Wednesday, March 11, 2009

Littlbug Stove

The humble Littlbug Stove - simple yet effective


Last year at the Outdoor Adventure Show, while speaking to Gary and Joanie McGuffin, I noticed an interesting contraption they had on display. I found out it was a cylindrical wood burning stove made by a fellow down in Minnesota. I was intrigued as I've always considered such a unit, to either make or find to purchase. I admit, early on, I was not much of a campfire cooker as I grew up with the notion of "saving trees", therefore always using a stove. But in recent years, I have slowly changed my views - witnessing the petroleum based problems, speaking to various conservationist and paddling with other canoeist.


Campfires are sometimes convenient to cook with, but not always. The location (windy site), the construction (huge stone fire rings), need for greater quantity of wood, and the fact that sometimes fire pits don't exist are many such reasons. Therefore the idea of a small portable wood stove came about. Trust me, this is not some brilliant novel idea of mine - many have thought the same thing before. I've seen many homemade contraptions, including one made from those large commercial-sized cans used for food. However, this was the first time I saw a high quality production unit for sale, nicknamed the Littlbug Stove.


That's it, just 4 parts! Put it together and voila!, you
have a working wood stove!


As I was excited seeing this unit, I wondered how I could get one. I was even more excited when Gary told me he could get me one to trial/use. So when I met the McGuffin's again at Canoecopia less than a month later, I had the Littlbug Stove in my hands ready to be put through its paces throughout the year. The beauty of the unit is that it is collapsible and compact. There are 4 main parts (a fifth part to use with alcohol - which I don't use) that nestle into each other. Two large outer half rings, and two smaller half rings that fit inside the outer ring to provide the pot support. The stove is made from high grade stainless steel which prevents warping and it weighs just over 500grams. I have the larger of the 2 stoves - 8 inch diameter. When the unit is packed in its pouch, it has a slight curve which fits perfectly at the bottom of my barrel.


View from the top: Its all geometry folks! - 2 circles!


After having the stove with me on a half a dozen trips over 30 days last year, I have to say, I've fallen in love with it! Its provided endless hot water - everything from rehydrating food, to hot drinks, dish washing, cleaning and of course cooking. Its quick to set up and easy to get a fire going - campsites are ideal for finding small pieces of wood since everyone uses the big pieces and leaves the ideal sized scraps all around. You can practically use anything - bark, twigs, pinecones, dried leaves/needles - but its good to seek out finger sized twigs to provide a steady source of fuel. Oh, did I mention that I can actually hear myself when I use the stove?! Yes, I can have a normal conversation! My MSR Dragonfly (which I love) sounds like I'm sitting beside the NASA launch pad everytime I fire it up! Also when there is no firepit, the Littlbug can provide a quasi-campfire!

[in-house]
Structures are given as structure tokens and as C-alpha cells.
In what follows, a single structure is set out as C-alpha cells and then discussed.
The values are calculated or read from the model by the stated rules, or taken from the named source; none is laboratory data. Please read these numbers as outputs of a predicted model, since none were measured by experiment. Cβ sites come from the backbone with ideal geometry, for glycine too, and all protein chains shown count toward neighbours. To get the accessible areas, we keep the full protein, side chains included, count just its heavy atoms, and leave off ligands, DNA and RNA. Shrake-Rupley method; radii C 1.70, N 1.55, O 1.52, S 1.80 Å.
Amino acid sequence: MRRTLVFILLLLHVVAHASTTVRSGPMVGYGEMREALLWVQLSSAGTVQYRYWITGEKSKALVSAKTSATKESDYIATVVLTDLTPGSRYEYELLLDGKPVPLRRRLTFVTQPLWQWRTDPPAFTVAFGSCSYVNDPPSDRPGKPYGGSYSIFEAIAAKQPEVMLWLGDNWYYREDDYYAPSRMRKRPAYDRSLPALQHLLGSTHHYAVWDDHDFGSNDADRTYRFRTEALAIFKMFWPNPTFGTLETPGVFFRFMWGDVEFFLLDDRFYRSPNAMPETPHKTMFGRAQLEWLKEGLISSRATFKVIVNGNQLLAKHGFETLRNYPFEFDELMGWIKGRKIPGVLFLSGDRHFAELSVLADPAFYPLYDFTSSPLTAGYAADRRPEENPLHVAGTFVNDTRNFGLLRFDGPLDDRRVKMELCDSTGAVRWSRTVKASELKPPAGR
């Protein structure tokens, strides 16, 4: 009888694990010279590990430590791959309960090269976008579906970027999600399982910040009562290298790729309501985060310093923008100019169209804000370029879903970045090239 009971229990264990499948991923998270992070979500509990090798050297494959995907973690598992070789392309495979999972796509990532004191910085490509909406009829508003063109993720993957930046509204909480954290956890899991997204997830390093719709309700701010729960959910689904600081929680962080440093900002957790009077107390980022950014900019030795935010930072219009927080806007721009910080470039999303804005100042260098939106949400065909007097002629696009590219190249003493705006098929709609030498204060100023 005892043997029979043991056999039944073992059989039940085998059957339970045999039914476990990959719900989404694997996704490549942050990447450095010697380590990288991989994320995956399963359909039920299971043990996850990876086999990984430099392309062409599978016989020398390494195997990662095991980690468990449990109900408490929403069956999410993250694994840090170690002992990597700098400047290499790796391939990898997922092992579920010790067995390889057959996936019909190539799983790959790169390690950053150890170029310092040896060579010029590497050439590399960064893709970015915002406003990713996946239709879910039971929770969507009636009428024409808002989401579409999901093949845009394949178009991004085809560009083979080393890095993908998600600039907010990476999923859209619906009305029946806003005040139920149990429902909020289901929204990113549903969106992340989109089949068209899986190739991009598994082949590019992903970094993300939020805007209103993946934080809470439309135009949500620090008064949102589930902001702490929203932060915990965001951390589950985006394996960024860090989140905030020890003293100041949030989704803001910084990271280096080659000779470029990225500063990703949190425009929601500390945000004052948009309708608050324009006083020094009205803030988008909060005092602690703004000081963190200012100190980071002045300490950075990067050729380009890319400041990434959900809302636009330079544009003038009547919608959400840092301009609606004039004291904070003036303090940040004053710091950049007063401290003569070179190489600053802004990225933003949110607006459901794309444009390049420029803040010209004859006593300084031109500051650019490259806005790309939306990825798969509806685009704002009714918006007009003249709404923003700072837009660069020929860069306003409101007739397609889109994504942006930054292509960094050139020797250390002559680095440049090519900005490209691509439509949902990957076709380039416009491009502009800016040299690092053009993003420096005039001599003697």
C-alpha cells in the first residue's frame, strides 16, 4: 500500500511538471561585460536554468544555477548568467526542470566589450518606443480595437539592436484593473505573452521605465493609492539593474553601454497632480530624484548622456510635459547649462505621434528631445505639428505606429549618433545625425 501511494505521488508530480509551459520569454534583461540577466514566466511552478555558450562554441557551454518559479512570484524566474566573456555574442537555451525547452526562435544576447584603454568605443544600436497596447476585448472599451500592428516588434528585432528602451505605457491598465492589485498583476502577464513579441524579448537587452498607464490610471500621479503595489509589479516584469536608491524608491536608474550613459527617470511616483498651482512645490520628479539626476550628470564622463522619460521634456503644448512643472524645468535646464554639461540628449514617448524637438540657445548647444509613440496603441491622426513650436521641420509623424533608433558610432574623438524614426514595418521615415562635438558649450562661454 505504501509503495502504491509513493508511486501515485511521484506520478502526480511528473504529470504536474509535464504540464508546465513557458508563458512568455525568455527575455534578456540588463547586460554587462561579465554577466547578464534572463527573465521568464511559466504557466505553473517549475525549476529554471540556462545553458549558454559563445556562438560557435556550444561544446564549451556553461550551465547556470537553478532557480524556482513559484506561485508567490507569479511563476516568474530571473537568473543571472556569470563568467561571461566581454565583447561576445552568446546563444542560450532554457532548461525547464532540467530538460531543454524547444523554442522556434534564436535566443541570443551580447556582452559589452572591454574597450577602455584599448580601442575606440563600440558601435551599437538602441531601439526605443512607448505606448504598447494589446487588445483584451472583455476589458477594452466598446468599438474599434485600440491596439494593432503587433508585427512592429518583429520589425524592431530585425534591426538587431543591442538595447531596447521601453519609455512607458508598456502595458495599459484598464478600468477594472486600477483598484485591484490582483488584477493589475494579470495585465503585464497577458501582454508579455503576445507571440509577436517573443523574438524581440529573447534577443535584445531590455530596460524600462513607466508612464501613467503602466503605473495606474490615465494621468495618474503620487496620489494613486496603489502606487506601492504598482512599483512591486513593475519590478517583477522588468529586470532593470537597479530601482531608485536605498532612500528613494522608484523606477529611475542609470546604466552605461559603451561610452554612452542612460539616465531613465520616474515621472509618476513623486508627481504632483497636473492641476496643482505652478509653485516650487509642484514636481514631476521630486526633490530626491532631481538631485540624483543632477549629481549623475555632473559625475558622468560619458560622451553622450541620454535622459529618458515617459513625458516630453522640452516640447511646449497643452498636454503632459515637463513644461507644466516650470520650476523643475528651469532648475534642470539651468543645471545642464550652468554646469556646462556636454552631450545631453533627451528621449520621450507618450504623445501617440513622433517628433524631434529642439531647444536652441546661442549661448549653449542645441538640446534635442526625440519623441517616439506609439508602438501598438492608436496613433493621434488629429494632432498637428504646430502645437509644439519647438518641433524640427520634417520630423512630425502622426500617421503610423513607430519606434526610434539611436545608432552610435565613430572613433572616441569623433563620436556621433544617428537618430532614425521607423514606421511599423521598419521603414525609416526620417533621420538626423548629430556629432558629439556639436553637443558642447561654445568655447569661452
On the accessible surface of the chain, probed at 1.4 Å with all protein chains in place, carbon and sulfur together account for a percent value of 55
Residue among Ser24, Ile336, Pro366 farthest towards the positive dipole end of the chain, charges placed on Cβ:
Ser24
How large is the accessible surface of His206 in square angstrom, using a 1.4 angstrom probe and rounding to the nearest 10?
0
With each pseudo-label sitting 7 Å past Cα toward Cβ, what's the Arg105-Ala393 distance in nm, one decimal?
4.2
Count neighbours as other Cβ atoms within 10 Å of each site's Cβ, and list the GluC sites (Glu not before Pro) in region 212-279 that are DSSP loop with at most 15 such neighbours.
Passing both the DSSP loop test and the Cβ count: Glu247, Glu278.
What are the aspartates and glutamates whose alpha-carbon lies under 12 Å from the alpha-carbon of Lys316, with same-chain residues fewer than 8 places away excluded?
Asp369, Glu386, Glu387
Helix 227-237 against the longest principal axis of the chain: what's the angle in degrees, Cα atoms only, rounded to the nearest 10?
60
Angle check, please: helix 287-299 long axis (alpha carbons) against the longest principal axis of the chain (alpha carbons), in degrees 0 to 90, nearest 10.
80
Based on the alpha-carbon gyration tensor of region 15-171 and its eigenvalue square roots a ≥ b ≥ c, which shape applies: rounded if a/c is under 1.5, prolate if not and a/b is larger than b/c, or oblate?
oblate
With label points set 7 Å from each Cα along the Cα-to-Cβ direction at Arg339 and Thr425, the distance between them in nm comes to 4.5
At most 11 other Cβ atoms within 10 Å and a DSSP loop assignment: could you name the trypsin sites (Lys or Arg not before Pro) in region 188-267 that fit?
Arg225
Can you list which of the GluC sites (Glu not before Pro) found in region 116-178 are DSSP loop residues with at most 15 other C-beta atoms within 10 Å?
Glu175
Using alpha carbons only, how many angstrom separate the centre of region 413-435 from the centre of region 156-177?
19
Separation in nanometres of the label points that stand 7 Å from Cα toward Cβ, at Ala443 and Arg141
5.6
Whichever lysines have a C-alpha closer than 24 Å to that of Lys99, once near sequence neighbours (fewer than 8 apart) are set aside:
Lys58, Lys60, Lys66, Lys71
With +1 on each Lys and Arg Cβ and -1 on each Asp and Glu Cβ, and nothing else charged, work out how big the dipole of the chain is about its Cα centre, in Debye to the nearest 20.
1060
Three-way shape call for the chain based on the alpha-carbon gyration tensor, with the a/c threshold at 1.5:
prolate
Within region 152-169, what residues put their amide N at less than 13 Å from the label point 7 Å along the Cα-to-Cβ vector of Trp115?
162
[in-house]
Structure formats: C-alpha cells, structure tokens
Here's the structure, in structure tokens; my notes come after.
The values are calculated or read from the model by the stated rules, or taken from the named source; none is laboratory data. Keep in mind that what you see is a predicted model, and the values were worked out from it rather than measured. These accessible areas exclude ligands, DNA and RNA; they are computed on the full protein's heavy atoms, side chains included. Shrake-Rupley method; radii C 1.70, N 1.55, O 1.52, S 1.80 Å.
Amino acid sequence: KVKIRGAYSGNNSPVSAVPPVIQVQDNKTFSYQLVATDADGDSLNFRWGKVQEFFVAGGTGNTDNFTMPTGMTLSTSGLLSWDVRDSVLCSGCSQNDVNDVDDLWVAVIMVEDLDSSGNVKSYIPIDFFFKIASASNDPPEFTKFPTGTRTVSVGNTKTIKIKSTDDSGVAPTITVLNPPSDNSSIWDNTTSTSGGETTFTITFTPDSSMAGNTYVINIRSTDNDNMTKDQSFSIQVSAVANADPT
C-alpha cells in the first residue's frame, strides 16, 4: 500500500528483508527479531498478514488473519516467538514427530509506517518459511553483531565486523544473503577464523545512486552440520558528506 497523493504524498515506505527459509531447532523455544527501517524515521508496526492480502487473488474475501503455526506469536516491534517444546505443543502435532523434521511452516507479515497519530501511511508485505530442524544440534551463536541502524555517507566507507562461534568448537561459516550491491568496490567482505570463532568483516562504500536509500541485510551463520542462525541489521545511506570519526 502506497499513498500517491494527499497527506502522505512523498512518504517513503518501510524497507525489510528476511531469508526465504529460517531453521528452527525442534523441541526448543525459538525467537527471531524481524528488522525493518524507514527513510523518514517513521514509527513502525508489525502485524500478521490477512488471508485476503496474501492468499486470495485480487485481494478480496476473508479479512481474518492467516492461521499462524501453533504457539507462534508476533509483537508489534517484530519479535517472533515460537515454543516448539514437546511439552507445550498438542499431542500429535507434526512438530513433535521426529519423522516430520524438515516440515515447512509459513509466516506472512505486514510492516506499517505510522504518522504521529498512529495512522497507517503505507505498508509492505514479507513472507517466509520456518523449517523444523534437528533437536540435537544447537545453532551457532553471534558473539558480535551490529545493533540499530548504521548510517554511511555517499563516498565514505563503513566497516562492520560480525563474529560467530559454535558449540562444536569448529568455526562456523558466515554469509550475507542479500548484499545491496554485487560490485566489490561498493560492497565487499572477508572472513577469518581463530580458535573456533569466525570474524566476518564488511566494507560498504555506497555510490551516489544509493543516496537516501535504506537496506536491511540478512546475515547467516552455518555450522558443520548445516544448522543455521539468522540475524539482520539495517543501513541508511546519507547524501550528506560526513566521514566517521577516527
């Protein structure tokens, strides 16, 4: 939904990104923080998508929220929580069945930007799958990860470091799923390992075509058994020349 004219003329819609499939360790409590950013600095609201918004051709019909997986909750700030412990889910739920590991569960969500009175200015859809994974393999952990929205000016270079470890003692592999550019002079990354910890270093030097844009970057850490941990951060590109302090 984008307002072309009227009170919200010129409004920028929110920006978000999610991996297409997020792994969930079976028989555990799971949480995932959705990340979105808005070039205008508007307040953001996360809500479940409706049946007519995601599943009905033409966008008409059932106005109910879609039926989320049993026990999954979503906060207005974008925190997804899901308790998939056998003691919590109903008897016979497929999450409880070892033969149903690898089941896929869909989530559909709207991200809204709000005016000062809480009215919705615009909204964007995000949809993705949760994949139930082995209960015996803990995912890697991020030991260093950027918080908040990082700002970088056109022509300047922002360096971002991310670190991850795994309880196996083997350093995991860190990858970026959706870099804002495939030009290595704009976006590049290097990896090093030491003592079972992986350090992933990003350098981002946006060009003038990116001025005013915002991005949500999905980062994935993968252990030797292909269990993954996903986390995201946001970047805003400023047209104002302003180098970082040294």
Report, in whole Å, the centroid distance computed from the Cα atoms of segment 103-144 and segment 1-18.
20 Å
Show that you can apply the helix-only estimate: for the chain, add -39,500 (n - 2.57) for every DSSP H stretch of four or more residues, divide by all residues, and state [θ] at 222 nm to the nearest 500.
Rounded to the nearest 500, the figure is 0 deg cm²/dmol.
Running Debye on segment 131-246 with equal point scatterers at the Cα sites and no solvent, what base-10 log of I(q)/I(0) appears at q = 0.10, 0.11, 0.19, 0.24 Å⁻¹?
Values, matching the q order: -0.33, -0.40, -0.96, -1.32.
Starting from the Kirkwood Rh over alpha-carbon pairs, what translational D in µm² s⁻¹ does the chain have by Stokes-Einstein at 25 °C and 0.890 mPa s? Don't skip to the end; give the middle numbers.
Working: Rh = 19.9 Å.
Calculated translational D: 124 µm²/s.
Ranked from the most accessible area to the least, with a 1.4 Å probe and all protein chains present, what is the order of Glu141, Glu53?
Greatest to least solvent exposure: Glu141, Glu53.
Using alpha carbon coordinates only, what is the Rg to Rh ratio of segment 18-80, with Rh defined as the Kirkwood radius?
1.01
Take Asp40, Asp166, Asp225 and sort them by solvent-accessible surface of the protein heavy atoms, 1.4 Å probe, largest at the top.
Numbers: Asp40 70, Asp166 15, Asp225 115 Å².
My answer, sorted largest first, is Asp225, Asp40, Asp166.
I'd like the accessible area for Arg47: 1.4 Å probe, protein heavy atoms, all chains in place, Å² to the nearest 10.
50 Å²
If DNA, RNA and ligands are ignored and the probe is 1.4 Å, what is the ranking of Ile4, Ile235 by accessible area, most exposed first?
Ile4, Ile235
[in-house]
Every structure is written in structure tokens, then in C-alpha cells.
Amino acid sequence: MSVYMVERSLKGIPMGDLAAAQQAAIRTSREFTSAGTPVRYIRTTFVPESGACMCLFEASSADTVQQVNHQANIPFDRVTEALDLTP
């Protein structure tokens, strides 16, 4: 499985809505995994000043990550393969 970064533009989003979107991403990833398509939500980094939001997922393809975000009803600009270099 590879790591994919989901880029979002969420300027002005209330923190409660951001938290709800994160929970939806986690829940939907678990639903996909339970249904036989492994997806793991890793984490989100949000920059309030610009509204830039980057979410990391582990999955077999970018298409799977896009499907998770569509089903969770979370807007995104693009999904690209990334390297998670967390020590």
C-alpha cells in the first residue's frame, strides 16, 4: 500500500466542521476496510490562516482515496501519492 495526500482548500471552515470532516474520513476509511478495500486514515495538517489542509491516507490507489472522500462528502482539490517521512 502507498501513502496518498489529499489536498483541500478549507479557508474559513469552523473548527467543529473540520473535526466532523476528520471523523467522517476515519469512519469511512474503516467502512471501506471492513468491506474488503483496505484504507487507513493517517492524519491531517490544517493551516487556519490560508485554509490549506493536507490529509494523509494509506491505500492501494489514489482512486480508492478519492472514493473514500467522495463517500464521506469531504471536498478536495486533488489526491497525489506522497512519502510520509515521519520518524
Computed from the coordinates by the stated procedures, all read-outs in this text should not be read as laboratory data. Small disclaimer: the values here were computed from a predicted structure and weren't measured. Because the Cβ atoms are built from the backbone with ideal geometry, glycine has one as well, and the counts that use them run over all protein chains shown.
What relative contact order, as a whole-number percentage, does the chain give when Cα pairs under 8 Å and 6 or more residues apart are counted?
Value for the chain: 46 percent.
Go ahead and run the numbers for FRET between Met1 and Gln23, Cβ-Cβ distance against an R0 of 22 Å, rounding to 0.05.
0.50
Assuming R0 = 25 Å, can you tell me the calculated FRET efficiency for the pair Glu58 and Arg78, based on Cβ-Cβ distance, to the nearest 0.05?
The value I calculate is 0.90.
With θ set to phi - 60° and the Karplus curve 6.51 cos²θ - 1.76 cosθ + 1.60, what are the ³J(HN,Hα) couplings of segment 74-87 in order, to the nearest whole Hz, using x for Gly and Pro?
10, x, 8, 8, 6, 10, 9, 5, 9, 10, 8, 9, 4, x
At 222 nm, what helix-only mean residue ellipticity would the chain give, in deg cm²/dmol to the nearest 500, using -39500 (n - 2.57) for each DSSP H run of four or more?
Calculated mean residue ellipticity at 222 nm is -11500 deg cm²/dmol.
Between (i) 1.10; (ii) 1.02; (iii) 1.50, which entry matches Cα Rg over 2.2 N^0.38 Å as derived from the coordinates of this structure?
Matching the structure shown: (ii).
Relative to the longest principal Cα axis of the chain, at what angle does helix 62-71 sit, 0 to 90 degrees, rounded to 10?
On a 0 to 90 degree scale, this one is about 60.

Fire in the hole! This stove directs the heat
and flame exactly where its needed!


The only thing I didn't have which I supplemented was the bottom firepan. I purchased a "stainless steel plate" so that I could use the stove in places other than the firepit, but it was soon evident that it was poor quality metal. It warped during the first fire. The other thing I had to watch for was where I placed the stove - with my cheap base. It is pretty hot underneath and it can scorch the ground, so use a rock based surface - gravel, stones, pebbles, sand or place it in the firepit without the base. I don't know how the firepan for this unit is made, but once I get one, I'll update my findings.



Cooking on Dumoine River - the Littlbug was the talk of
the trip! Everyone loved it!


One last thing, fires cause soot. That's unavoidable, even on the stove itself. So besides taking a pair of leather gloves to handle the stove (if necessary), you should also take a dry cloth to wipe the soot off before packing it away. I hate sooty pots, so you can either take separate pots for this application, or smear dish soap on the pot surface before cooking. It will wash off when you are done and keep your pots looking clean. (thanks Mike & Kathleen!)



With an endless supply of wood and water,
you could have hot drinks to your
heart's content!


Kent Hering has made a great product that is sure to not only reduce our dependence on petroleum based fuels, but make our experience in the wilderness more authentic. He has made a quality product that is sure to stand the test of time. Its backed by a solid satisfaction guarantee and not only that, a sizeable portion of the sales goes towards humanitarian and conservation efforts. Congrats Kent on inventing an awesome product! I totally recommend it! If any of you are interested in purchasing this stove or want more information, here is the website - http://www.littlbug.com/index.htm Trust me, you won't be disappointed!

tPP
Post a Comment